Curiously, after seemingly mocking the idea of eyewitnesses in Judean, Samarian and Galilean villages, Ehrman then concedes that false stories would have been corrected. But he finds fault with that too:

Possibly when someone tells a story, someone else corrects him. In fact, that seems more than likely: it almost always happens when one person tells a story that someone else knows. Does this group context for telling the stories ensure that they are accurate? Actually, modern psychological studies suggests that just the opposite is normally the case” (Ehrman 75).

Ehrman says that cognitive psychologists have discovered that “when a group ‘collectively remembers’ something they have all heard or experienced, the ‘whole’ is less than the sum of the ‘parts” (75). In other words, if you interview ten people separately, you will get more information than if you interview them as a group. As proof, Ehrman cites “Collaborative and Social Remembering” by Rebecca Thompson (chapter 9 in Memory in the Real World by Gillian Cohen and Martin Conway, 3rd ed. New York : Psychology Press, 2008).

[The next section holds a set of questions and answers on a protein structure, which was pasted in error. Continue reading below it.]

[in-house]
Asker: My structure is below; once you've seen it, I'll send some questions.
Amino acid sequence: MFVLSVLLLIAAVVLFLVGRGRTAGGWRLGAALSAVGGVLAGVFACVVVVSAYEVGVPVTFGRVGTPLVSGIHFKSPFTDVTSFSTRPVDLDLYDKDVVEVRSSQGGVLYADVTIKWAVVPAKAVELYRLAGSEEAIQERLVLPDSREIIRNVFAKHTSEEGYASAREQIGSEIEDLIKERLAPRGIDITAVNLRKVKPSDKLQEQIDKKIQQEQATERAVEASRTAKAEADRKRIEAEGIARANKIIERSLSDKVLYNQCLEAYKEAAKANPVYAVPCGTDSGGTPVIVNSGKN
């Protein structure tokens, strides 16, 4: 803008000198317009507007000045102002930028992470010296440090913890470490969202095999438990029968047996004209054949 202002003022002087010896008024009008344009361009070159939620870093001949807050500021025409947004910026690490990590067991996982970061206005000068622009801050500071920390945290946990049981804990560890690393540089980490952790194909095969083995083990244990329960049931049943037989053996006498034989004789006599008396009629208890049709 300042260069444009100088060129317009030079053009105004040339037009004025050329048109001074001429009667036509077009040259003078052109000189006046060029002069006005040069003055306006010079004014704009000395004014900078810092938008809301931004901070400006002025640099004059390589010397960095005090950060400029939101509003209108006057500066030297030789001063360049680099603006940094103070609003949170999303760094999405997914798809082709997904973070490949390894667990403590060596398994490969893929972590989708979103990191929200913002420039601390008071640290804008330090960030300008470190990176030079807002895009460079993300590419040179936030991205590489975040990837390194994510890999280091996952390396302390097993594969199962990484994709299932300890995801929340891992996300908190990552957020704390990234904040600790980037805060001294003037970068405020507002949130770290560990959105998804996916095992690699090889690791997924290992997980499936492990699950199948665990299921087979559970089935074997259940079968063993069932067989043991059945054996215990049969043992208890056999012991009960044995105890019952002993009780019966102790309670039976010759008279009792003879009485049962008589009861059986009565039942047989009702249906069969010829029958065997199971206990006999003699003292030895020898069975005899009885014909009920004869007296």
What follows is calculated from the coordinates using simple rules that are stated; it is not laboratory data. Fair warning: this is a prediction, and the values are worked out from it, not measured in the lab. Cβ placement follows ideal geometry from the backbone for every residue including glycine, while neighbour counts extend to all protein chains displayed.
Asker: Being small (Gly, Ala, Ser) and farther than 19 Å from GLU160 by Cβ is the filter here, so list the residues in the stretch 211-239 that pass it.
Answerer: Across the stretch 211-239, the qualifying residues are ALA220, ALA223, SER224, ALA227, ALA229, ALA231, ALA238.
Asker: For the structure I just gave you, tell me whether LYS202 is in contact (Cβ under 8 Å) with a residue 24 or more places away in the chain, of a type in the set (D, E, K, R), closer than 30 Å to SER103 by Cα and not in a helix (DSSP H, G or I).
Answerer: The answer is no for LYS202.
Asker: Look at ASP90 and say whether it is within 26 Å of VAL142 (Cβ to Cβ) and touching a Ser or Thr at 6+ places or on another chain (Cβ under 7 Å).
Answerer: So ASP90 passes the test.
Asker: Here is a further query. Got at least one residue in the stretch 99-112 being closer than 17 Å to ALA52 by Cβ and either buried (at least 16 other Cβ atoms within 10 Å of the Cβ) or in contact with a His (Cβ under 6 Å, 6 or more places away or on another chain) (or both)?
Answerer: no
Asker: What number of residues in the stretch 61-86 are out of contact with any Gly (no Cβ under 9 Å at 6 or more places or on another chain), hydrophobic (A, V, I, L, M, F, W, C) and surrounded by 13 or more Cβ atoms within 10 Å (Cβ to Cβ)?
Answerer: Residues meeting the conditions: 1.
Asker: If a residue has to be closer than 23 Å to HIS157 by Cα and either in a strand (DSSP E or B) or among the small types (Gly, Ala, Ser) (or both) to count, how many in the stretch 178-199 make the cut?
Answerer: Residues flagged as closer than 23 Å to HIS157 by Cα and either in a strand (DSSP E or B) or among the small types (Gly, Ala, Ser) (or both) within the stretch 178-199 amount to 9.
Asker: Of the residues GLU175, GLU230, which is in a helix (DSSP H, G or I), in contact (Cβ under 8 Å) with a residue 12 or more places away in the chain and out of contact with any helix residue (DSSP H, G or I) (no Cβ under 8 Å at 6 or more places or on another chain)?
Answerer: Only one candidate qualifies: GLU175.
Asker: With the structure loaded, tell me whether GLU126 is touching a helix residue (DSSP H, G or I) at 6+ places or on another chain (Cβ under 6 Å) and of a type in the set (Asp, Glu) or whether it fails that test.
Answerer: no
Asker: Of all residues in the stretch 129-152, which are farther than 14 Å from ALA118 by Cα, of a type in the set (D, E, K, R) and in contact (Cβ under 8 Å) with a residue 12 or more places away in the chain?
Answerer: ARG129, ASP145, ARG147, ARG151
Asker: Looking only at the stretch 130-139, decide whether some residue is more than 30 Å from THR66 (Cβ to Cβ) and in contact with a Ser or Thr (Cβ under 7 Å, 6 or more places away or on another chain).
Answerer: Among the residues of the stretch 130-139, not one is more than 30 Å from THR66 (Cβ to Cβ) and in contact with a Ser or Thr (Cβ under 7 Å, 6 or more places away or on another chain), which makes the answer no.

Citing other research, Thompson stated that nominal groups (groups in name only, in which responses from individuals are added together) did better than collaborative groups (those that actually worked together as a group). Both groups did better than individuals. But Bailey is not talking about eyewitnesses collaboratively working together to remember something. Bailey is taking about someone retelling a story of a community’s history to a group that already knows the story well and is in a position to correct the story if the storyteller makes a mistake. Ehrman seems to be comparing apples to oranges.